Leader of Far-right Austrian Party With Nazi Roots to Be Next Vice-chancellor

Heinz-Christian Strache, whose extreme right-wing party has been accused of neo-Nazi leanings, is expected to take office next week as part coalition talks

Heinz-Christian Strache (R) and Foreign Minister and leader of the Austrian People's Party Sebastian Kurz (L) after forming a new coalition government in Vienna, December 15, 2017.
REUTERS/Heinz-Peter Bader

Heinz-Christian Strache, leader of the extreme right-wing Austrian Freedom Party, which is known for its anti-Semitic and Nazi roots, is expected to be nominated next week to the position of vice-chancellor.

Following two months of contacts in the coalition between Sebastian Kurz, head of the center-right party ÖVP which got the majority of the votes in the parliament elections, and Strache, whose party reached the third spot in the elections, the two agreed Friday on the establishment of a coalition.

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They are expected to present the upcoming government to Austrian President Alexander Van der Bellen on Saturday, and then present the coalition agreement to the public. Next week, the new government will be sworn in with Kurtz at its helm.

The 31-year-old Kurz will be the youngest politician to ever be named chancellor in the history of Austria, and the youngest leader in the West. He reiterated on Friday the goals of the new government he will head, stating that it will fight the wave of illegal immigration and bolster security in Austria. He also promised to change the political culture in the country. Kurz is slated to serve in his role for five years from the moment his new government is sworn in.

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Chairman of Austria's far-right Freedom Party (FPOe) Heinz-Christian Strache attends his party's final election campaign rally in Vienna, Austria, October 13, 2017.
MICHAEL DALDER/REUTERS

Strache has stated in the past that he would support moving the Austrian Embassy in Israel to Jerusalem – but this statement currently bears no practical meaning.

The politician is a successor of Jorg Haider and his party has Nazi and anti-Semitic roots. Critics of the Freedom Party claim that it has not yet relieved itself from these roots, while Strache has been trying to present himself as pro-Israel in recent years.

The last time Strache's party joined the Austrian government in 2000, Israel was quick to react aggressively: it returned its ambassador from Austria and lowered the level of relations between the two countries.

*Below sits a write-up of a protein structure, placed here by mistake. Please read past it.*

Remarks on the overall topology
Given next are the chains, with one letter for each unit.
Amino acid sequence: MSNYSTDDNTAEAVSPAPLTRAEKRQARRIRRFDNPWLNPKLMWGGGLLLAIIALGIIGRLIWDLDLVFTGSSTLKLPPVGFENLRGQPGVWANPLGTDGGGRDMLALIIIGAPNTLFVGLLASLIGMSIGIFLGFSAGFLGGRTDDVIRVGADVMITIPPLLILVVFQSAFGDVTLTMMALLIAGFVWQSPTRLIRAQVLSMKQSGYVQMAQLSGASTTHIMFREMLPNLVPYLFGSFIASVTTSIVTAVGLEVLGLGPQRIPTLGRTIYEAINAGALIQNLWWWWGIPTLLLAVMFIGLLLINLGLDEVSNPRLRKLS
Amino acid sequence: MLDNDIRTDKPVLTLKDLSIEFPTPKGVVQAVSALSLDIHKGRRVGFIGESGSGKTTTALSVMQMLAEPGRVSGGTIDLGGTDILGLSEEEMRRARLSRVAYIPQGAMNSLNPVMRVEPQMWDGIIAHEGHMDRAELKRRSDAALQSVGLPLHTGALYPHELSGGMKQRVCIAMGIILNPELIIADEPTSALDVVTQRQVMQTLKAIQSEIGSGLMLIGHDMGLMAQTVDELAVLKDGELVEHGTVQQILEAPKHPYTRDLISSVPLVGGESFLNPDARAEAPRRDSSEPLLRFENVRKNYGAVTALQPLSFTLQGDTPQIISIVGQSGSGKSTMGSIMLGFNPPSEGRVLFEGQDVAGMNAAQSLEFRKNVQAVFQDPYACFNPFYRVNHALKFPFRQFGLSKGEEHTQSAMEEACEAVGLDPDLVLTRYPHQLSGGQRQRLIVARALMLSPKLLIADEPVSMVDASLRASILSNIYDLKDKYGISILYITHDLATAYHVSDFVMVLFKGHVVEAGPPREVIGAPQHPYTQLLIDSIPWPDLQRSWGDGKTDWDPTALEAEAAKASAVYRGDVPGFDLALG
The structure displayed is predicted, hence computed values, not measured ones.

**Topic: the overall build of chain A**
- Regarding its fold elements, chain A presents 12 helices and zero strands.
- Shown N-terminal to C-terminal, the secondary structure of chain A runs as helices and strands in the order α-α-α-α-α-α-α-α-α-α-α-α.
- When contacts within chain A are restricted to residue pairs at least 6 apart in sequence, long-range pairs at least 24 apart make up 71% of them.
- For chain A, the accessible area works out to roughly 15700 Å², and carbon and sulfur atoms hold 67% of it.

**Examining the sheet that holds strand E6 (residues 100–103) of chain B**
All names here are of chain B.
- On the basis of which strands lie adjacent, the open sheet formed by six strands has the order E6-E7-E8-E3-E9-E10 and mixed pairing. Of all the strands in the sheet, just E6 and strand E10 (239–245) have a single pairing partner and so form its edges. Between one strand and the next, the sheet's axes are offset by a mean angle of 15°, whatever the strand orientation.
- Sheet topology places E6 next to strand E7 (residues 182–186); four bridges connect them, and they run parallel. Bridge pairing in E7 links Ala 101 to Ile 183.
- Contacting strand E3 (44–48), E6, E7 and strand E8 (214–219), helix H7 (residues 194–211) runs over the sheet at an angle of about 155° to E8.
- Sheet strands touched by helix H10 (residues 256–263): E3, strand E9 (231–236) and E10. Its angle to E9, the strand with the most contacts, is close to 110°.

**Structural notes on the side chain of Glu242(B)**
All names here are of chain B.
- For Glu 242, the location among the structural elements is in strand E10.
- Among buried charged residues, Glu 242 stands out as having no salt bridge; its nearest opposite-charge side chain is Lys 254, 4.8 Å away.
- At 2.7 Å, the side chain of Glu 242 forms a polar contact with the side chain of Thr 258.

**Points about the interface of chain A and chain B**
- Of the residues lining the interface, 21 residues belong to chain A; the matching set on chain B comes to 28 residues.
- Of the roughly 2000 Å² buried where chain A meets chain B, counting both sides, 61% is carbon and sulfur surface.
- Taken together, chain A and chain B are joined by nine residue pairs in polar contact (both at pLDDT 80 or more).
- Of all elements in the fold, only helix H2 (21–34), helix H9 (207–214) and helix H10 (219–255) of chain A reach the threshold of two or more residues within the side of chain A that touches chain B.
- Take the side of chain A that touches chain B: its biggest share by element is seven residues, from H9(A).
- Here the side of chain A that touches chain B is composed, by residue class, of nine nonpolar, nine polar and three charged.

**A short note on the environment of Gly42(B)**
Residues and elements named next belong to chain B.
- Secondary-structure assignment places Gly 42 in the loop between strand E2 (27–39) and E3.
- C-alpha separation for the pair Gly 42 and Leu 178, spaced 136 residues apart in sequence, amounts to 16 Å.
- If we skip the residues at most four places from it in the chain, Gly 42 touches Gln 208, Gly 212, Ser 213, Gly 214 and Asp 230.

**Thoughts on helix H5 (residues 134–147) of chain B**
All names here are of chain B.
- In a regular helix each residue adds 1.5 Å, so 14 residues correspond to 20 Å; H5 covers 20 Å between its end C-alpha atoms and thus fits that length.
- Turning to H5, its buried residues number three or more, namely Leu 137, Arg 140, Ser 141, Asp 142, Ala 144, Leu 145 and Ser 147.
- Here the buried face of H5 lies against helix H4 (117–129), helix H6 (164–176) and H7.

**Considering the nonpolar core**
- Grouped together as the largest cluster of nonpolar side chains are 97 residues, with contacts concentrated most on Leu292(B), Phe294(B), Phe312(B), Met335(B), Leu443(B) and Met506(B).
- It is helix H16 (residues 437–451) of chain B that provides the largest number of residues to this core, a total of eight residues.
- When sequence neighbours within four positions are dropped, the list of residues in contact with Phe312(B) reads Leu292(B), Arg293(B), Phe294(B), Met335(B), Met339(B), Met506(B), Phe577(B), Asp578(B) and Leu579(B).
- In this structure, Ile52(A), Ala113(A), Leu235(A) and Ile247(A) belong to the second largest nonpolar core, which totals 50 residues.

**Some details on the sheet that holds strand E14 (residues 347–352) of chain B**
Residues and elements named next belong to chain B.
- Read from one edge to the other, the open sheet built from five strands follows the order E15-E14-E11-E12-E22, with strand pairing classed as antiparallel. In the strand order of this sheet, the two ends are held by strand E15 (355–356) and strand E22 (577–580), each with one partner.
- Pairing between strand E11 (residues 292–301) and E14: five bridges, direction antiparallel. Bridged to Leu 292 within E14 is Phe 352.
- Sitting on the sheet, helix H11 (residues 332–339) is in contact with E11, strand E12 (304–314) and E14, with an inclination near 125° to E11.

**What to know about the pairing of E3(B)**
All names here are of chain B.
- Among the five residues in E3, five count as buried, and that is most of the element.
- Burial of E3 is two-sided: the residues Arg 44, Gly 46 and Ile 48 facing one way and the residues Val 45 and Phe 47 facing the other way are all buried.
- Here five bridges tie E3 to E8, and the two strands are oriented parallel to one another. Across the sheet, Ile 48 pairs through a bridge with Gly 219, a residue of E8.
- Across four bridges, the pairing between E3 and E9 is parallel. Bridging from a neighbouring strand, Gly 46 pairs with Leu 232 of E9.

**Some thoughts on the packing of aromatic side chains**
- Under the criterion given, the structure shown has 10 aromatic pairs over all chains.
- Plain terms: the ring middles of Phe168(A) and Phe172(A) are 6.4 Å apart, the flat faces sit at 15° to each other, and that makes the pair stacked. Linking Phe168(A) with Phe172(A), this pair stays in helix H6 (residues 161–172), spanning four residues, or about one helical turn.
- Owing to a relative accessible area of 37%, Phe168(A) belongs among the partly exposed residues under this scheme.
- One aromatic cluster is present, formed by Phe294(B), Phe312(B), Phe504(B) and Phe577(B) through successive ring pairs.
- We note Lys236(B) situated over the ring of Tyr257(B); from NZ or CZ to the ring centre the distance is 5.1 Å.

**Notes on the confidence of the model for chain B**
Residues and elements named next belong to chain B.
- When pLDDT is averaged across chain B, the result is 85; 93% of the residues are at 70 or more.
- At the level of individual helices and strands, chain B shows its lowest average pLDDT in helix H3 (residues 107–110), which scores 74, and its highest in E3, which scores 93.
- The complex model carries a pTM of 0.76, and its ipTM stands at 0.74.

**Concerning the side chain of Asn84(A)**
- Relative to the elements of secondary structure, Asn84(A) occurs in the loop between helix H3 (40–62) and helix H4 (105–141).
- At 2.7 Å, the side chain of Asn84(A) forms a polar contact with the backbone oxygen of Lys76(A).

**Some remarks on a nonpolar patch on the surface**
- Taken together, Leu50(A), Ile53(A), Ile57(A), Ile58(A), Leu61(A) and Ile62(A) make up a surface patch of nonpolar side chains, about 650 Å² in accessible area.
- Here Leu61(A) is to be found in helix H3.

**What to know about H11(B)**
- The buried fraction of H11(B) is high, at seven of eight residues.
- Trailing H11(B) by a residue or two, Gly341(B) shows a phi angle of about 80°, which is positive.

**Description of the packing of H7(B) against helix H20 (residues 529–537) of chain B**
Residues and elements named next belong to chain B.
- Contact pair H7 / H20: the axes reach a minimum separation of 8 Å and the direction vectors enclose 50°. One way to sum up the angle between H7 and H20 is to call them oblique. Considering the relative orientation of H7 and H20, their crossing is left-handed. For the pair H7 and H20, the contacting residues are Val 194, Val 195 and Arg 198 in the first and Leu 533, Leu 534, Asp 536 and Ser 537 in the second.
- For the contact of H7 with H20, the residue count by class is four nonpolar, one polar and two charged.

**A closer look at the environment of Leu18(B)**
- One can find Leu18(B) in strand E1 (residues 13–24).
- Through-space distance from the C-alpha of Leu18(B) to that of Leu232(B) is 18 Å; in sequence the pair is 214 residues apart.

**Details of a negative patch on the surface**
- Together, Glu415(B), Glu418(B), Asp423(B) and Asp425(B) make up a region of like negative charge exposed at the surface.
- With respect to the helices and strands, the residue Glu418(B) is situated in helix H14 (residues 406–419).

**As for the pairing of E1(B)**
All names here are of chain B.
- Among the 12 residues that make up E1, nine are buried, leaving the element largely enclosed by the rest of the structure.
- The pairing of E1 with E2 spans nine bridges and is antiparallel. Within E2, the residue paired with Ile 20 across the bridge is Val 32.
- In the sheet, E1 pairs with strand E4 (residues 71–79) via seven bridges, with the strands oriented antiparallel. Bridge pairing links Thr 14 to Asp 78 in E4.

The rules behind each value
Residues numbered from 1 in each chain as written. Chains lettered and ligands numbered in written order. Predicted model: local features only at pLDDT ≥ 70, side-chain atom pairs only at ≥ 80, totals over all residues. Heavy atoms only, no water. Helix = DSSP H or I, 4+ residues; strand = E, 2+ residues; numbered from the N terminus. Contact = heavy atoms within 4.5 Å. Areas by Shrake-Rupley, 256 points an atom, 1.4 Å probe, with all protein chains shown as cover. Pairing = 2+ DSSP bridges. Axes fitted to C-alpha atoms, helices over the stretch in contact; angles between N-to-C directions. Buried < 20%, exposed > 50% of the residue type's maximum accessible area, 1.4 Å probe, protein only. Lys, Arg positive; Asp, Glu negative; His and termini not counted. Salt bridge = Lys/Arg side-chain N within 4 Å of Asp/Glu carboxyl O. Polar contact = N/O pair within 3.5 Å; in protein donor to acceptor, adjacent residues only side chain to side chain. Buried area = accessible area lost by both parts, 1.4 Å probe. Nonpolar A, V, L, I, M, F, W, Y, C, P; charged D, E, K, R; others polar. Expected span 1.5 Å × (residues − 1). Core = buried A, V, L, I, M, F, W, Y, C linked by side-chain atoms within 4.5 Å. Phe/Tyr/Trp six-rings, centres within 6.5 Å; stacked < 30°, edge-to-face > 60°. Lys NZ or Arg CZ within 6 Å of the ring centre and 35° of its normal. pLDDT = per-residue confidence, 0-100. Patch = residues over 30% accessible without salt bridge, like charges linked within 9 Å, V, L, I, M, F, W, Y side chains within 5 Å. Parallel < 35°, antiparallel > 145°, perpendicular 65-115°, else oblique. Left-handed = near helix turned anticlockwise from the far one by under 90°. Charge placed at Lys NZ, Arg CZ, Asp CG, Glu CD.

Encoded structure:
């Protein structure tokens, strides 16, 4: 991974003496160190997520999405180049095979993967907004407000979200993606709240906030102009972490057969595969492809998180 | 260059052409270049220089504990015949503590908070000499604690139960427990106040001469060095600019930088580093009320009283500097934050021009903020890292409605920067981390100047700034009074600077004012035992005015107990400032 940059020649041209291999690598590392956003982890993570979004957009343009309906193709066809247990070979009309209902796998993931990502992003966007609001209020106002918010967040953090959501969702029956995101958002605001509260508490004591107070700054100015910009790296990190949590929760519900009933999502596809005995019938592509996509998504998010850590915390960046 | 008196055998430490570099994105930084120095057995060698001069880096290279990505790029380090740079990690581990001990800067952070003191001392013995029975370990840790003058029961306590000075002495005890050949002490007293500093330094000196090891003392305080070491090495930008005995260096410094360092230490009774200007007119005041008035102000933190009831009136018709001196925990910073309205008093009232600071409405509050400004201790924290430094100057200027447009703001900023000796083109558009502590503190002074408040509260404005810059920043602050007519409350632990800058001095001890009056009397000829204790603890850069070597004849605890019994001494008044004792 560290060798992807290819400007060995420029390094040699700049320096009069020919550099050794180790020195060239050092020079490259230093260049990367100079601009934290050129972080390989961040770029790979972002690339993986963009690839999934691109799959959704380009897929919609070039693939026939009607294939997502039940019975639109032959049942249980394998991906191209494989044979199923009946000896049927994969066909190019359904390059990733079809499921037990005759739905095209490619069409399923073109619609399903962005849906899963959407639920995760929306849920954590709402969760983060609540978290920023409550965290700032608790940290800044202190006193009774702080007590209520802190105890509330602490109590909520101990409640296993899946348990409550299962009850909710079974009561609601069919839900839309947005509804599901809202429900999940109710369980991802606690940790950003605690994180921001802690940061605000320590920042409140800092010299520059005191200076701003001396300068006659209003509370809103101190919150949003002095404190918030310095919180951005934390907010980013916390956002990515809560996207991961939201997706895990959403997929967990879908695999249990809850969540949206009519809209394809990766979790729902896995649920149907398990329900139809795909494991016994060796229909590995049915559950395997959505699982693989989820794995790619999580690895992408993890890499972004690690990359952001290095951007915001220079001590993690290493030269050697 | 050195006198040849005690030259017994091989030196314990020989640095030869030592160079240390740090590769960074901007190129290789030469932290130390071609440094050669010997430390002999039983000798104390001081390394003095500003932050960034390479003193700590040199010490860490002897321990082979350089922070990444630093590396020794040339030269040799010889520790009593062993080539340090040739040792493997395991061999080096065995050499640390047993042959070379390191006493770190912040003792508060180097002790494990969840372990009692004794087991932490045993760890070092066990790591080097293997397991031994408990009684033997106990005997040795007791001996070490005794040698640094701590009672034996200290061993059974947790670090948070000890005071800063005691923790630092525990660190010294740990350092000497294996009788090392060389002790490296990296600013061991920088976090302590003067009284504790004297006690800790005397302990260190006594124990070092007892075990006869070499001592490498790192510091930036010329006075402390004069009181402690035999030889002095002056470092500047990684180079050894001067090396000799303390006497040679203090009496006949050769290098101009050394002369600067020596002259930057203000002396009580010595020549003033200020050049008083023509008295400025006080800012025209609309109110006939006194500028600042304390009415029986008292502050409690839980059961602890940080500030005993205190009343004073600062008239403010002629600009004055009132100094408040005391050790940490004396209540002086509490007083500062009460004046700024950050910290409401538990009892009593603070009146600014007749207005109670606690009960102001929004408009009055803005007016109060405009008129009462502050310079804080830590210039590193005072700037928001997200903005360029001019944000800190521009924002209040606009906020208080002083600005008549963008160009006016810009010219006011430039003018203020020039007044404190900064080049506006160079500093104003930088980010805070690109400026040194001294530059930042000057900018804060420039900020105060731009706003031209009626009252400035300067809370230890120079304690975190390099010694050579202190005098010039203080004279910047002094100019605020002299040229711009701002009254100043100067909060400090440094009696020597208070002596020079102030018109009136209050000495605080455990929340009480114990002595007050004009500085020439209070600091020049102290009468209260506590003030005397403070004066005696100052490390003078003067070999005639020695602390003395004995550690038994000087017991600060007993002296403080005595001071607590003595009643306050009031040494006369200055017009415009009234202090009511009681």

This time, most assessments suggest that the chances Israel will act in the same way are slim. This comes on the backdrop of an ideological partnership between Strache's stances and those of the Netanyahu government in relation to joint enemies and their fights against radical Islam and the immigration wave.

Austria's Freedom Party leader Heinz-Christian Strache (left), with Jörg Haider on September 28, 2008.
Reuters

Austrian media reports that Strache will not be nominated as foreign minister, saving Israel from the diplomatic headache of addressing the issue of how he should be treated on official visits and enabling the Jewish state to accept his role as vice chancellor since it will not have to come into direct and public contact with him.

Strache has succeeded in recent years to gain some strong friends among the right-wing settlers' sector in Israel, a lot due to his promise to move the Austrian embassy to Jerusalem and thanks to his support of settlement construction. He has visited Israel at least three times over the past years, and has also met with officials in the Likud party and toured Holocaust Museum Yad Vashem.

Some Israeli officials have expressed in the past their support of normalizing relations with him, including Deputy Foreign Minister Tzipi Hotovely, MK Yehuda Glick (Likud), minister and former senior Mossad member Rafi Eitan and former MK Michael Kleiner.

Minister Ayoub Kara inspired outrage when he met with Strache during his visit to Vienna in 2010, when he was a deputy minister. Among the officials to have previously met with Strache are former president Moshe Katsav and ex-Shin Bet chief Avi Dichter.

However, despite his attempts to get Israel's seal of approval, Strache's critics claim that his party is still not free of anti-Semitic and neo-Nazi foundations which come into play in internal meetings and away from the watchful eye of the media.

From time to time, such elements of the Freedom Party reveal themselves to the public and examples for that are ample. Some of the party's supporters tend to greet their leader with a Nazi salute, and Strache himself previously posted an anti-Semitic caricature on his Facebook page. He is also known to have used a Nazi slogan in a former elections poster.